More Odonates

In among the errands I had to run today, I managed to find time around noon to take a walk at the Concord unit of Great Meadows National Wildlife Refuge. It was hot and humid with a light breeze (8-11 mph), enough wind to keep the temperature bearable. The breeze and the time of day meant the birds were keeping under cover, so I spent half an hour looking at damselflies and dragonflies (Odonates).

I managed to get close enough to photograph three species reasonably clearly. As I tried to identify those species from photographs, I got introduced to the chalenges of Odonata identification. One species was easy to identify:

The above photograph shows a Common Whitetail (Libellula [Plathemis] lydia), in the Skimmer family (Libellulidae). This was a straightforward identification. According to Blair Nikula et al., A Field Guide to the Dragonflies and Damselflies of Massachusetts, “identification of most species [of Skimmers] is possible in the field based on a combination of body, eye, and wing color and pattern.” And this is a particularly distinctive species.

The next taxon, however, was more difficult. Based on the photo below, I’m willing to place this individual in the genus Enallagma, the Bluets. But I’m not willing to make any determination as to species: “The bluets (Enallagma) … are very difficult to identify without examining the male terminal appendages under a hand lens or loupe” (Nikula et al., p. 31). That would mean capturing the insect with a net, holding it the hand, and examining it; I don’t have an insect net, and, not being particularly coordinated, I’d worry about damaging the insect while trying to examine it.

The next taxon, shown below, was even more difficult. All I’m willing to say is that this individual is in the family Corduliidae, or Emeralds. To take the identification to the level of species, once again I would have needed to capture the insect. According to Nikula et al., “although genera can often be recognized in the field with experience, identification as to species is very difficult, typically requiring in-hand examination of subtle body markings, male terminal appendages, or the female subgenital plate.” I’ll be happy if I ever get good enough to identify the Emeralds to the level of genus.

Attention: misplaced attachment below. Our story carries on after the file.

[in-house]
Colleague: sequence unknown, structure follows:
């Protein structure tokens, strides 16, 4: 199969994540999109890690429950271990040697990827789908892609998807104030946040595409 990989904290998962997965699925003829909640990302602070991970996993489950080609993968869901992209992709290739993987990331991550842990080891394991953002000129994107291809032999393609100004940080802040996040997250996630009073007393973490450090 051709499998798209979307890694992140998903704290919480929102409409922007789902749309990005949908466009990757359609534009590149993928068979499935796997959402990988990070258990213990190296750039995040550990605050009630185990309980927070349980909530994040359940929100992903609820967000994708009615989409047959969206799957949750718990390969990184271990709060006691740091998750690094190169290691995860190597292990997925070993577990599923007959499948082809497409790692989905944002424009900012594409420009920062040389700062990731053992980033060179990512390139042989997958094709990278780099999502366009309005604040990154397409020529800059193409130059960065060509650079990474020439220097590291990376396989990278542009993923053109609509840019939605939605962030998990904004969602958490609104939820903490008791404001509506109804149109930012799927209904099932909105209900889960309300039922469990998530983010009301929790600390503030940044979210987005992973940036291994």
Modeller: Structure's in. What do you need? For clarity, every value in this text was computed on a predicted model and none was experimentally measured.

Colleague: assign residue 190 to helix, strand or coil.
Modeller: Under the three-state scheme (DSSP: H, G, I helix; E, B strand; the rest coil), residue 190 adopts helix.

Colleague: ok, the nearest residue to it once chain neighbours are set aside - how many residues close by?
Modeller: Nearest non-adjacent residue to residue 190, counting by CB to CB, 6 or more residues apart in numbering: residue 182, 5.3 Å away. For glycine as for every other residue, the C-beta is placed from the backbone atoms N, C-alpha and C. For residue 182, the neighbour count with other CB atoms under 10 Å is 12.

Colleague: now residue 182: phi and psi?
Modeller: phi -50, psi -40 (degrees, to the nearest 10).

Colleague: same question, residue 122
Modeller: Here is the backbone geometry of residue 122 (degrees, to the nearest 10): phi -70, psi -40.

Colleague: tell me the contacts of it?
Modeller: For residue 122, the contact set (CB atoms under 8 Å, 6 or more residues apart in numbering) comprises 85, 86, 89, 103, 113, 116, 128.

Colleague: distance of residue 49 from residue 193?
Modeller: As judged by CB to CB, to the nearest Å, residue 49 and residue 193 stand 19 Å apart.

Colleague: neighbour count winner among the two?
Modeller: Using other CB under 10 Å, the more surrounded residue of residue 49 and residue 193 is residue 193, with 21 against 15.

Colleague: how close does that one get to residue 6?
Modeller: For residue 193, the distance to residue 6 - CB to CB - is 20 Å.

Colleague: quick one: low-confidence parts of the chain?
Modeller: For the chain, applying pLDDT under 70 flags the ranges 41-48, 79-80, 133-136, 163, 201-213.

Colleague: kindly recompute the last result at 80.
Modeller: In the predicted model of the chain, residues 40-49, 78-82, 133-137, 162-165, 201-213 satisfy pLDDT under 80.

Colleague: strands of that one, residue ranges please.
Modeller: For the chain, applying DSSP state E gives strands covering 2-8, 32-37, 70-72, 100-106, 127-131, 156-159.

At this point, I don’t feel the need to make specific identifications of every individual; it’s enough for me to appreciate the unexpected diversity of the Odonates.

Published a day later than the date on the post, due to travel.


Just before noon, Abby and I took a walk along the recently-opened Bruce Freeman Rail Trail that runs from Chelmsford, Mass., through Acton. The part of the trail we walked, around the Route 2A crossing, passes through several wetlands, with a few small areas of open water and some nice cattail stands. I was mostly looking (and listening) for birds, and even in the heat of the day there was a nice variety of birds, from Red-winged Blackbirds, Common Yellowthroats, and other swamp-loving birds to forest-nesters like American Robins and Chipping Sparrows. Abby was most interested in the Red Squirrel population. However, it was hot enough that there weren’t enough birds or Red Squirrels to keep us occupied, and we both began noticing insects in the order Odonata (dragonflies and damselflies) along the trail; I do not know much about about Odonates, but it sure looked like there were quite a few different species flying around us.